This is a continuation of the technique thread Kotegashi Weakness
. I'm starting a separate thread because I don't want to hijack the original thread. I don't see taking up slack as a "simple" concept that everyone understands.
Personally I know I'm not consistently taking up slack while doing techniques. Even though I can intellectualize about slack, to actualize it during the execution of a technique is a challenge. And taking up slack is important. It is probably the most common reason aikido techniques "don't work".
If you hold someone and you can feel their bones, you're holding too hard. When you take up slack, you just feel their skin. If you hold someone's wrist, the weight of your relaxed arm should automatically take up slack. So you can not only take up slack on a person, but you can also take up slack holding a sword. Also you can take up slack when someone is testing you to see if you're doing rowing exercise correctly. Taking up slack applies not only to empty-handed techniques, but to weapons and exercise testing.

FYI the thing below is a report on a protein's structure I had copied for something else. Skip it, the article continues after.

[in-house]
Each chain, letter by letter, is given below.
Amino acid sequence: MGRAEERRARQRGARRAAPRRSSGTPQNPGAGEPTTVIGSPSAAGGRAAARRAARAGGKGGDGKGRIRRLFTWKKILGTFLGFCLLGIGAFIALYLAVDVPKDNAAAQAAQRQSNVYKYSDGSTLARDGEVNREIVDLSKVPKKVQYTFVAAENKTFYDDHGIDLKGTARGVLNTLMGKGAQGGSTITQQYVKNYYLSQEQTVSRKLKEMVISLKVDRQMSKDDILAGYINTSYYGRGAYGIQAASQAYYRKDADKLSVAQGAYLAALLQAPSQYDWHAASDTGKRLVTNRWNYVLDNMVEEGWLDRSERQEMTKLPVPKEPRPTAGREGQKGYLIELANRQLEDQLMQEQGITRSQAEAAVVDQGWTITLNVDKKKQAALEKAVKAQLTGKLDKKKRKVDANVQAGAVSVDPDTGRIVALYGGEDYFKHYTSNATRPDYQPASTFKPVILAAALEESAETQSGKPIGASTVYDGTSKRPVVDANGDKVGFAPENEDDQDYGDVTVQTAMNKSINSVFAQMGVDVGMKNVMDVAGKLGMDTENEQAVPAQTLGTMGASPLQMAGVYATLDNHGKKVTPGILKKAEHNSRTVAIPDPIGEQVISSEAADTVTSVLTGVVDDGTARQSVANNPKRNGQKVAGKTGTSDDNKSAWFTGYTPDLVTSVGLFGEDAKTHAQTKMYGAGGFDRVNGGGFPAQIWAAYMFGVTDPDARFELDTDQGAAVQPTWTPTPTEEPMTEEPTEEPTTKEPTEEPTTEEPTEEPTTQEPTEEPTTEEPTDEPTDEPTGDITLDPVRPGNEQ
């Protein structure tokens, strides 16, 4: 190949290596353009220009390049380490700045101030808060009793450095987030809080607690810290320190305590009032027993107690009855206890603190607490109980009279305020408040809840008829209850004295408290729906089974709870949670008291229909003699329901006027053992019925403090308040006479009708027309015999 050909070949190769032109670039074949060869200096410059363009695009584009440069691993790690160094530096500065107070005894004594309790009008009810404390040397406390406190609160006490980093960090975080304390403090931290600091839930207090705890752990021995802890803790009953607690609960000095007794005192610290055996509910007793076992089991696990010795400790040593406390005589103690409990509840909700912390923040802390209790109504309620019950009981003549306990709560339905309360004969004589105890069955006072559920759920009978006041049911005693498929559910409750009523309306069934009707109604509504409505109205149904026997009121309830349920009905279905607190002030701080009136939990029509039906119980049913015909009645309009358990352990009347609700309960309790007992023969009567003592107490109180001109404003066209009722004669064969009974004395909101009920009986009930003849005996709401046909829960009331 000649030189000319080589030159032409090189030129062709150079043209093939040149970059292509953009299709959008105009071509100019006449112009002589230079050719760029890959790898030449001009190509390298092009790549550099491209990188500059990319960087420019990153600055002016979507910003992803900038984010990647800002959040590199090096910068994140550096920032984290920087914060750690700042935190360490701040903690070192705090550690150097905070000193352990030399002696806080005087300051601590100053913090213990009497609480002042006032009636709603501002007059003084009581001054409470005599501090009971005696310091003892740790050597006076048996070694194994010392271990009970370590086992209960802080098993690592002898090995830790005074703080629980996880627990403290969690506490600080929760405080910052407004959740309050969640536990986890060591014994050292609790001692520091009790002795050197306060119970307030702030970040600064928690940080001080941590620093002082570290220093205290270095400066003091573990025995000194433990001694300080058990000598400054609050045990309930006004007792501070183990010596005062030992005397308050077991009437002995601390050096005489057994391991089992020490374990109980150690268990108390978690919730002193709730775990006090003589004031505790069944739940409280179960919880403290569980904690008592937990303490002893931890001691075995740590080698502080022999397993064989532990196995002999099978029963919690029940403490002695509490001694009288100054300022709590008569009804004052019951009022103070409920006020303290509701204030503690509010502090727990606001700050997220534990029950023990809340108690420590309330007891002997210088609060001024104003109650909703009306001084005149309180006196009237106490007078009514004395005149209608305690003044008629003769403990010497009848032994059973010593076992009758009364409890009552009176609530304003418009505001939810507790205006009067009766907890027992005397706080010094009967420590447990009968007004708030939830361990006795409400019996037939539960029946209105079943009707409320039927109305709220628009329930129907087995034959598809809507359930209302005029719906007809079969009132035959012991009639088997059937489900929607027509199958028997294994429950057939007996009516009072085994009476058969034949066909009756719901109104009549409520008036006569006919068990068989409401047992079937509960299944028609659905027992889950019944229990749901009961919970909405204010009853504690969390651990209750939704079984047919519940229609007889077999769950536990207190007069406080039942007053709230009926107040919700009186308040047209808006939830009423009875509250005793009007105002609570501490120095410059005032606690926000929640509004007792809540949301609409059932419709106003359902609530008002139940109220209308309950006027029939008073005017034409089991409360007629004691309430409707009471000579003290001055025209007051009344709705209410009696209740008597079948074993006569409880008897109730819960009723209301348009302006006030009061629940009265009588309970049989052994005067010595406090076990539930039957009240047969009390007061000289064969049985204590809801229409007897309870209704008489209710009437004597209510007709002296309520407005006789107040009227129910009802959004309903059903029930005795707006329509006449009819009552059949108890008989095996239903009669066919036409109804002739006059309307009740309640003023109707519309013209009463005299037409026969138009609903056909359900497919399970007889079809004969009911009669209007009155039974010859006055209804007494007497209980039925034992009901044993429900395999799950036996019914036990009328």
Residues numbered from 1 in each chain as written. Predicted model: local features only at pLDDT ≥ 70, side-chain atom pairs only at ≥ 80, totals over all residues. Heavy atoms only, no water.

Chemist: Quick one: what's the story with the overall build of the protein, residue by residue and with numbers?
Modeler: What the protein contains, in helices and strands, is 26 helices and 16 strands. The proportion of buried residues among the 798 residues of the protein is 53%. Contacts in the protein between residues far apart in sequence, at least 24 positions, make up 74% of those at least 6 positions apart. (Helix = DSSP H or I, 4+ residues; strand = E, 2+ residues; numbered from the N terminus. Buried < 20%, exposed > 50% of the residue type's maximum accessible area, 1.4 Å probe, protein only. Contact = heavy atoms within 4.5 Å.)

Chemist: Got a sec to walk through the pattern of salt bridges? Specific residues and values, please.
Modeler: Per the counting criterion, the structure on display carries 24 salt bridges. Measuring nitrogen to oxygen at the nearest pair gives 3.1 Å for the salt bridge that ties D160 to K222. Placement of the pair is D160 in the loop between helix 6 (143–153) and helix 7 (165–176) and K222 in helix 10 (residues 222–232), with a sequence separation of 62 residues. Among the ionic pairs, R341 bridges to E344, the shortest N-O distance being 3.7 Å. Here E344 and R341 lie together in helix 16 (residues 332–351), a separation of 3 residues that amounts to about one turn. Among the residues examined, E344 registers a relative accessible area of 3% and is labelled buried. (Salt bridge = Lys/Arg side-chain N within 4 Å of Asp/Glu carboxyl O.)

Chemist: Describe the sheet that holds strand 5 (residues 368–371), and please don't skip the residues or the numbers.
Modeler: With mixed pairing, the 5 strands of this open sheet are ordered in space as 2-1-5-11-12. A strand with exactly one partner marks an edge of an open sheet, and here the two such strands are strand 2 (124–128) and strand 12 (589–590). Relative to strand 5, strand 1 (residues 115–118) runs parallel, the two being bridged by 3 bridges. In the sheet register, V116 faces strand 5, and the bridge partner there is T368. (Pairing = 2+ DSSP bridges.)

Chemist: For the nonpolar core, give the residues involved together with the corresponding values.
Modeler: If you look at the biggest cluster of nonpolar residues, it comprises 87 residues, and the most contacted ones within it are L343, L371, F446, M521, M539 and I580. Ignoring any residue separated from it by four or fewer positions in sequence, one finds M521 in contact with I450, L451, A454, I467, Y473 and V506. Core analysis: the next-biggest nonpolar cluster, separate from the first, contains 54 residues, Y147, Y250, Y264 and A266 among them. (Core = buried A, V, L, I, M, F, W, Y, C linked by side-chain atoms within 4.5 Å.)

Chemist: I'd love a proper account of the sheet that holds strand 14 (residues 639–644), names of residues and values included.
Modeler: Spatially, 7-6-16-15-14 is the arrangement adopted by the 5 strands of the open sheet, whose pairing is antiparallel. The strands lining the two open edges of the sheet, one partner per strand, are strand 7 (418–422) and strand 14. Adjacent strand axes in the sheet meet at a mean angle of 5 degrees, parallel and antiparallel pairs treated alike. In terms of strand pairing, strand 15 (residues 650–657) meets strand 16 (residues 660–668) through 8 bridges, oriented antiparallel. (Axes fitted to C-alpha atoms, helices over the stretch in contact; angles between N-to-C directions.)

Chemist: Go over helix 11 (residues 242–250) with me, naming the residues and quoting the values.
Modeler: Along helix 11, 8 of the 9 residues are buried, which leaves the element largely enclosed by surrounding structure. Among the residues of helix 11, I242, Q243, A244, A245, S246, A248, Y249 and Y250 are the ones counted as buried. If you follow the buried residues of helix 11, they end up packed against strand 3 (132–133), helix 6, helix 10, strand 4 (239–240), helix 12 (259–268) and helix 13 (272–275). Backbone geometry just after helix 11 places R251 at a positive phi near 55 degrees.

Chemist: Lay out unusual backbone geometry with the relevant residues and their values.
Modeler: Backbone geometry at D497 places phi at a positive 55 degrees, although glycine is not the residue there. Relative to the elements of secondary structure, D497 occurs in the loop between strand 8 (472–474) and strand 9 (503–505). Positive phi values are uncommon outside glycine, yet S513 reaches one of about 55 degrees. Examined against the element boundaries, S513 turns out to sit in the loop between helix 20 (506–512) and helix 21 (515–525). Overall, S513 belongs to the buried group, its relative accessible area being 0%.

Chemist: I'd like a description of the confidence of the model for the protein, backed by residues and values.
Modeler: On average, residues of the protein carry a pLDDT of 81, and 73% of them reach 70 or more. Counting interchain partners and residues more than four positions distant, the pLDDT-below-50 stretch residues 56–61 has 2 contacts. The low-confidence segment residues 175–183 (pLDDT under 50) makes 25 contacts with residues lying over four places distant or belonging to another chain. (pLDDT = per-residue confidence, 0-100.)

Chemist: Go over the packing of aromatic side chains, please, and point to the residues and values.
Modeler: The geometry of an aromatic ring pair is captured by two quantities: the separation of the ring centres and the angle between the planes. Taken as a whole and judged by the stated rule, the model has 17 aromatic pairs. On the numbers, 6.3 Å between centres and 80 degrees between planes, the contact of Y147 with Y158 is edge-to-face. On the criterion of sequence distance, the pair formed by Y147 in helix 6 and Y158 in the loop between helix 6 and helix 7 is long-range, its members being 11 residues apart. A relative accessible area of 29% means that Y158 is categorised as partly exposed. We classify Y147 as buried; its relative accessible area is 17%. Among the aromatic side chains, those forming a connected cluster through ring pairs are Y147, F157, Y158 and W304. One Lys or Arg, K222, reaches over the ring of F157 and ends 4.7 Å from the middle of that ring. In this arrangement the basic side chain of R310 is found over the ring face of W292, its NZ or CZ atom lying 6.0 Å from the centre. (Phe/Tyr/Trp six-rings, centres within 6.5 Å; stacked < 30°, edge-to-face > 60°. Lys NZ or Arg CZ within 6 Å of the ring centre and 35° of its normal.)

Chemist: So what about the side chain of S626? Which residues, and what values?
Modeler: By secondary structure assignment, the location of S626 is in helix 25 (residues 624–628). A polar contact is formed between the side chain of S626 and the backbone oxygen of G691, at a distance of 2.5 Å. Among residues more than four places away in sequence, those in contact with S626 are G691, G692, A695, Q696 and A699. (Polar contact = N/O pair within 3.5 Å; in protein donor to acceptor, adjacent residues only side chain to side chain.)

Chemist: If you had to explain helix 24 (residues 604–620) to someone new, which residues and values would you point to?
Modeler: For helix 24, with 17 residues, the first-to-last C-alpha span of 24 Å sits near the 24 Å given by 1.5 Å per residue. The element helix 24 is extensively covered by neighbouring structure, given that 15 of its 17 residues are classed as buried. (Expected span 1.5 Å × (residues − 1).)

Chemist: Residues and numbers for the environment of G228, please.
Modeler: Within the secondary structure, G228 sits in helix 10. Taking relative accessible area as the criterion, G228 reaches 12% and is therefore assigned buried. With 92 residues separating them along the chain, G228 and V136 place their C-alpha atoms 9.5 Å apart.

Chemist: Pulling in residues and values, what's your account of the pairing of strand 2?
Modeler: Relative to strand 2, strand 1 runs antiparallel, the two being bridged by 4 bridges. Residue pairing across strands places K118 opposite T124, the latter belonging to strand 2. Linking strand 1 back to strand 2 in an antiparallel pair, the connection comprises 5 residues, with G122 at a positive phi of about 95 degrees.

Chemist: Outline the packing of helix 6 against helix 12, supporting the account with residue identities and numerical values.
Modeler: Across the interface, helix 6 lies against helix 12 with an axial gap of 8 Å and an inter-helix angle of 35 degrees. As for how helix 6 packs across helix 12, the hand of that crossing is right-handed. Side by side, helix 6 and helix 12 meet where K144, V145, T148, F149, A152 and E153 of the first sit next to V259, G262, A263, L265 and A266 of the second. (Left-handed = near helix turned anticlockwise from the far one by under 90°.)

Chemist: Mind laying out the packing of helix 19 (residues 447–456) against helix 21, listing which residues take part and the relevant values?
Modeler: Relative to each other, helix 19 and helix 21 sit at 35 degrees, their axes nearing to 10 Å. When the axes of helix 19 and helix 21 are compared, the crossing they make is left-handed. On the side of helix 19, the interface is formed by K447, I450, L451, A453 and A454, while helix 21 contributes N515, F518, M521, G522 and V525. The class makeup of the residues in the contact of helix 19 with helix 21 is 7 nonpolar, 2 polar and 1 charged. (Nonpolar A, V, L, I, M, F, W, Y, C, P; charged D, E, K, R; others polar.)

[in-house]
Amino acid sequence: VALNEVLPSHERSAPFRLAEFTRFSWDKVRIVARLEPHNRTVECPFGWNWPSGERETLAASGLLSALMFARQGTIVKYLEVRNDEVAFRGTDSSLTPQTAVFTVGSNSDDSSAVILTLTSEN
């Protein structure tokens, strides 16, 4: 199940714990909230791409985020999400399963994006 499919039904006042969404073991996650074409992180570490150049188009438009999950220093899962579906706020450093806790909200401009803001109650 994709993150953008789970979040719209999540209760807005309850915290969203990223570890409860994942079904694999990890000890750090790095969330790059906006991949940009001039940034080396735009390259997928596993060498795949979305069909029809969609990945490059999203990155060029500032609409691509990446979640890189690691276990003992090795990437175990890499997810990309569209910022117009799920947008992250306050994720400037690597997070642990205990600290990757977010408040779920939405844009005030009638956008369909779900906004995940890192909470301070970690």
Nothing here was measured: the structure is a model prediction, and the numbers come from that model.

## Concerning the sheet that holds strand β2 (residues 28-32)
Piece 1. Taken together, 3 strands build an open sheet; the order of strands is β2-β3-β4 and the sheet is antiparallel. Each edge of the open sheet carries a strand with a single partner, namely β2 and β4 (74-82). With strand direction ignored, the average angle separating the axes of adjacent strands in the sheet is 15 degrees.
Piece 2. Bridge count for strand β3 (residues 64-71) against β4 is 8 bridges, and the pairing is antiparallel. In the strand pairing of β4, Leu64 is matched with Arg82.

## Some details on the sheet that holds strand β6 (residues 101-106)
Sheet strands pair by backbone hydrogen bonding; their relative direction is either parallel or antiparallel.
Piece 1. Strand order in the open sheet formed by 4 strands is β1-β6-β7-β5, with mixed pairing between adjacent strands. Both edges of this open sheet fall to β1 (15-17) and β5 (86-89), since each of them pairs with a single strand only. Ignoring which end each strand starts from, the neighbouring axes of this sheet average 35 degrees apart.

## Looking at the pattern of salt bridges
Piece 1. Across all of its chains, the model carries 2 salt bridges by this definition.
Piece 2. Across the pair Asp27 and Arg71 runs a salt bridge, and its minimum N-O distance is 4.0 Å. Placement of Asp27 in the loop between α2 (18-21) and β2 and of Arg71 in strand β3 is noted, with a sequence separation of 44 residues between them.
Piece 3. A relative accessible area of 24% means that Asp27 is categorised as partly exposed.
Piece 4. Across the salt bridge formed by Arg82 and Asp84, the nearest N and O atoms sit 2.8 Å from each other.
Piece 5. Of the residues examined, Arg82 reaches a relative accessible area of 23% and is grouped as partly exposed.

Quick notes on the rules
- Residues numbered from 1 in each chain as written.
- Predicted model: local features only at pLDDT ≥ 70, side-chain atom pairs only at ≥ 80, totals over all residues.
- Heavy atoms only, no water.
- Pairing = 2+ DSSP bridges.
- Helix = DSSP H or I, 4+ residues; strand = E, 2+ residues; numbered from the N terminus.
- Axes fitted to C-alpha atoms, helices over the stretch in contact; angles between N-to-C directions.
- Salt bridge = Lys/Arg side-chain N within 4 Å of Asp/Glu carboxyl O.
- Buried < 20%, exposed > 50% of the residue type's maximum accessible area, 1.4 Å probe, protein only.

The concept of taking up slack permeates aikido, yet I've never read a discussion about it. I have heard people occasionally mention it, but no one I've heard has really focused on it.
One interesting implication is this:
- When you hold tightly there is a tendency for your weight to come upper side.
- When you hold tightly you can't take up slack, therefore your strongest grip is to hold softly.
- In the Ki Society ukes are trained to hold softly since it is the strongest attack.
- In most Aikikai dojos ukes are trained to hold hard (tightly) since this was the advice the founder gave all his ukes at Hombu dojo.
Two different organizations. Two fundamentally different ways of practice.